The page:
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Quote:
Originally Posted by WarChild7 View Post
This is incorrect. Heavier BB's actually travel slightly farther. For example, mathematically, a 400 FPS gun will fire a 0.2g BB with hop-up a distance of 187 feet. Switching to 0.25g BB's will increase the flight distance to 198 feet.
really? isn't this just the hop-up's fault? i mean we readjust the hop-up when we use different weight BBs.
because realistically, Using the same angle of trajectory and the same amount of force, i throw a 1 pound stone first and then a 5 pound rock later, now whats going to travel farther?
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Old July 10th, 2007, 00:18   #9
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Gun output is not always a constant. I have several gas guns where a change in BB weight did not change the velocity any real amount. Case in point: KSC USP Compact. I chrono'd the thing with 0.20, 0.25 and 0.36g BBs and the velocity stayed at about 300 fps +/- about 5 fps no matter what weight was used. Another case in point: KJW M700. I chrono'd that thing with .25 and .36g BBs, also with no large difference in output, at least not what you'd expect to see if you used a base energy output from the first test shots. Both weights were good for about 475 fps at 5 degrees C with green gas.

I have not gone to this level for an AEG, especially not a stock Marui or anything like that. But I do know from years ago that running .20 in a Marui would have netted an expect 290 fps vs. 0.25 at around 265 fps, but nothing more detailed than that.
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Old July 10th, 2007, 00:41   #10
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Quote:
Originally Posted by BBS View Post
really? isn't this just the hop-up's fault? i mean we readjust the hop-up when we use different weight BBs.
because realistically, Using the same angle of trajectory and the same amount of force, i throw a 1 pound stone first and then a 5 pound rock later, now whats going to travel farther?
That's not a very good analogy. The force used to launch those rocks is relatively small compared the their mass and the speed you could throw them at would make air resistance a non-factor.

A somewhat more extreme example would be launching one of those rocks with a catapult, then doing the same thing with a paper ball of the same size. Which will fly farther and why?

From a sniper's point of view, heavier weight bb's have an advantage over the lighter ones in that they are less affected by air resistance and air currents at long range. A lighter bb will fire farther, but a heavier one will have a flatter trajectory to target. It's of little use to fire a bb farther if it won't travel in a straight line to a distant target. That makes it very hard to properly fire an aimed shot long distance.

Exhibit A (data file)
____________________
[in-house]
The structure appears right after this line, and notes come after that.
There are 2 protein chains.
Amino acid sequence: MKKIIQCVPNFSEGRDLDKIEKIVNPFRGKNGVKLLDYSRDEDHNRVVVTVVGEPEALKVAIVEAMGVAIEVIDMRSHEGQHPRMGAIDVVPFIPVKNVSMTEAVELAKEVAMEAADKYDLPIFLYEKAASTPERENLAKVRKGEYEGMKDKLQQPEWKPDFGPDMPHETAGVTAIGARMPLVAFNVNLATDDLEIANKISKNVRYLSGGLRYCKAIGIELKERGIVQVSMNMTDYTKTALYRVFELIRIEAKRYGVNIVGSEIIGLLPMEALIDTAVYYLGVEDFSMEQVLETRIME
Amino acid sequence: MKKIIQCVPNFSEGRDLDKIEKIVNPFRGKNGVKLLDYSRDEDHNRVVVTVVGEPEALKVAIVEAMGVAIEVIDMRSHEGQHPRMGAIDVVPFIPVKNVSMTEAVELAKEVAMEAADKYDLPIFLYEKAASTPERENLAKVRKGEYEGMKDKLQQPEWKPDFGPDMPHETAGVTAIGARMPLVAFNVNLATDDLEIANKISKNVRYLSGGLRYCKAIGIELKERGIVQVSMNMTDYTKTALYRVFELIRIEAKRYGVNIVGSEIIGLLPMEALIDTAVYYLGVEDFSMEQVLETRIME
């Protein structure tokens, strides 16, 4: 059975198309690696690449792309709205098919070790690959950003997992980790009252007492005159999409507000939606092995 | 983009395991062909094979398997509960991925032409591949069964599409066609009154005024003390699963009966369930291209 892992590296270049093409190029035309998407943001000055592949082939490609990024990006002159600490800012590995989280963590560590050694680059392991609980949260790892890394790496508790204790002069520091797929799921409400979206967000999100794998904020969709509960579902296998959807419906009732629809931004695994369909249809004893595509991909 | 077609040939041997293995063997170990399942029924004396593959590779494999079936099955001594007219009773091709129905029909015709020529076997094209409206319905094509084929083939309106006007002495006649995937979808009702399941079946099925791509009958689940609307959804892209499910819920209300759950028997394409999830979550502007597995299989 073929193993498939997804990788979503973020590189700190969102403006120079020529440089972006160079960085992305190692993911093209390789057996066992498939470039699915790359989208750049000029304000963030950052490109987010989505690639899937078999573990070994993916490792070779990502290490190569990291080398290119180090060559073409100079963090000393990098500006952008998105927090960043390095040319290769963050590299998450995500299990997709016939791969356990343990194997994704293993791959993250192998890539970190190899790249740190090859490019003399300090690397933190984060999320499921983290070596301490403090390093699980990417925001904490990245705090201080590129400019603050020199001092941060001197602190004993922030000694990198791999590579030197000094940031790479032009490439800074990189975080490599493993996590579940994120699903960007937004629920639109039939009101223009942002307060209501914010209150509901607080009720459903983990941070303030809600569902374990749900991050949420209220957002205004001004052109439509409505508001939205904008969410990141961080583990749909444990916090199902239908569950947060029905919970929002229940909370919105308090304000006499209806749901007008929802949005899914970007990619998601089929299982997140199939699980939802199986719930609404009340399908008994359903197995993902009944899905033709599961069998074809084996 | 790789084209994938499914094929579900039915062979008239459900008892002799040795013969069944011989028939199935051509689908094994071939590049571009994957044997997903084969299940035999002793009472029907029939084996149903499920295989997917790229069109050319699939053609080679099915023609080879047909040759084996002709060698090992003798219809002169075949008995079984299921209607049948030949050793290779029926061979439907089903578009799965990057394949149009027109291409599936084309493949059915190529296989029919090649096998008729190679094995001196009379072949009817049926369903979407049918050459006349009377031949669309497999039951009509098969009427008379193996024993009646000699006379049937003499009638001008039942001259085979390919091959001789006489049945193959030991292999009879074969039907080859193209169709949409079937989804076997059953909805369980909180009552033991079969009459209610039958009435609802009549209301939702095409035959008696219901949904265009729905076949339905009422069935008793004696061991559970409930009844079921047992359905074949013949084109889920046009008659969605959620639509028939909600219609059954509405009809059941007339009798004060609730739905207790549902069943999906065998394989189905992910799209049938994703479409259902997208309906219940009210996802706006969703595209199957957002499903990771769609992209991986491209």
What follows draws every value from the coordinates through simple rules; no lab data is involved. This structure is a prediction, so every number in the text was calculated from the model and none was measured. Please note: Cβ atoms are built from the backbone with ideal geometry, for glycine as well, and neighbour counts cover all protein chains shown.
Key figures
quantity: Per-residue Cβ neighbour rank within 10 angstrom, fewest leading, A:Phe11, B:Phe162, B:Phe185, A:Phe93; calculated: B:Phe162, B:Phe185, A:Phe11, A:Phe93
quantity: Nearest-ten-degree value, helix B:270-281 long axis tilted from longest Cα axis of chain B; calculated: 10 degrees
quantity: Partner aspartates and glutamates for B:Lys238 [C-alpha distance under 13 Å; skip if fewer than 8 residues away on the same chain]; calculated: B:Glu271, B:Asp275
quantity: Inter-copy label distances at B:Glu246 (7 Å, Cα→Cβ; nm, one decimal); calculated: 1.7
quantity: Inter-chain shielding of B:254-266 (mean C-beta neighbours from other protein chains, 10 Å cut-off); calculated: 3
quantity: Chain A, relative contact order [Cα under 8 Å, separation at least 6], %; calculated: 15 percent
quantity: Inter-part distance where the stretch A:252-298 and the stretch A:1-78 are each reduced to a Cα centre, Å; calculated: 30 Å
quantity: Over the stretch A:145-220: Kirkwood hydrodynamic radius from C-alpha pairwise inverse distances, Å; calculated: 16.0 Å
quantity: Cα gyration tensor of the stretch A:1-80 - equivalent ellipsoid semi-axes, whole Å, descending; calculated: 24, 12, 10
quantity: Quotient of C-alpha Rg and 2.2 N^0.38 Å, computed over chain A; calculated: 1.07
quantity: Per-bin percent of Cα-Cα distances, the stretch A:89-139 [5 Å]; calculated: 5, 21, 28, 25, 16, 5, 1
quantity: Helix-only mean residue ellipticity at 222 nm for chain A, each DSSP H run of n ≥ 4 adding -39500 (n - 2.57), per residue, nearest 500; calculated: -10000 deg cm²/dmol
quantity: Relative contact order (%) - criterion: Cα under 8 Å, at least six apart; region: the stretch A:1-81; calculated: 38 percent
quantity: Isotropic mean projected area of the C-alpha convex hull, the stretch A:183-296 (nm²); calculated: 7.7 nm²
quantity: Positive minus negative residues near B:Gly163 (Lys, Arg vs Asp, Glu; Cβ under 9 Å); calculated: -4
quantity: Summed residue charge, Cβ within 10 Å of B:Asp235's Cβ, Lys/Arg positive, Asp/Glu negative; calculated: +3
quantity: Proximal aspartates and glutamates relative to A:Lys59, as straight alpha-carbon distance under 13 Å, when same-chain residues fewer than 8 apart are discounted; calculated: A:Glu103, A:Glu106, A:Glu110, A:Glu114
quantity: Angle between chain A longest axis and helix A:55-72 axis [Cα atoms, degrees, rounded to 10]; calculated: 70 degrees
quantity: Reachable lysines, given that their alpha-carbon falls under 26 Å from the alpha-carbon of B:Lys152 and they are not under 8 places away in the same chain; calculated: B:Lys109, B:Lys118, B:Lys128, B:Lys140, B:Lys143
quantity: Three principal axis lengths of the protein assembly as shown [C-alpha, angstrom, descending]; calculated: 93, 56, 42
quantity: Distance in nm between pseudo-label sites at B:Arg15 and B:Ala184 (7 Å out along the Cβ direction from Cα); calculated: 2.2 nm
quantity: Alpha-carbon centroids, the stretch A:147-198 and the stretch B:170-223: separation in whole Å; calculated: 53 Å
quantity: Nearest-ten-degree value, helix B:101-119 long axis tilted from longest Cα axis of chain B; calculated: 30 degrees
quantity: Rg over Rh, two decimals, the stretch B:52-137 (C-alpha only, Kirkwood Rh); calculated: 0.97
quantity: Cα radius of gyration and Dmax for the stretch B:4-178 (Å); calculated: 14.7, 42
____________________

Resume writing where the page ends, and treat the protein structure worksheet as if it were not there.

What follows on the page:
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Old July 10th, 2007, 00:44   #11
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Old July 10th, 2007, 00:59   #12
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Heavier BBs maintian their inertia better, they hit harder and at longer ranges, and are more accurate at longer ranges too. One thing I've separated when explaining to people about maximum range, is this: Are you referring to the maximum distance you can hit something, or the maximum range where the BB lands? Due to air, a lighter BB will travel farther before it comes ot rest than a heavier one, but a heavier one will travel farther more accurately.

And to rehash, heavier BBs DO hit harder. Try a 0.20g fired out of a GBB at 100ft, and a 0.43g BB out of the same gun, next shot at 100ft. You WILL feel the hit (and leave a lump if it hits you on the top of the head, right Chef/Jackals?) a lot more with the heavier BB. If you don't feel like having or being a human target, shoot at something hard yet hollow about 100-140ft away, like a plywood wall of a shed. A lighter BB will give you a tick sound, a heavier one will give you a loud THWACK!!!
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Old July 10th, 2007, 01:46   #13
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But then doesn't that contradicts the law of physics?

Because a gun that shoots 1 Joule, will shoot 1 Joule with any weight of bullets, so the impact is all the same.

And that is what the law of physics suggests.

So I guess it's a debate?
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Old July 10th, 2007, 01:51   #14
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Who says the gun shoots 1 Joule? It's the BB that has 1 Joule of muzzle energy. The gun may be more or less efficient with differing BB weights, hence the changes in energy with different BB weights. That BB merely "accepted" 1 Joule of energy. The gun amy in fact be capable and producing more output potential energy than what the actual kinetic energy of the BB is. The hop-up will eat up some energy in friction, air loss around the BB will eat up some, air seal losses in the hop-up may change due to different weights as well.

There's alot that goes on inside an airsoft gun, lots of areas for losses.
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Old July 10th, 2007, 03:49   #15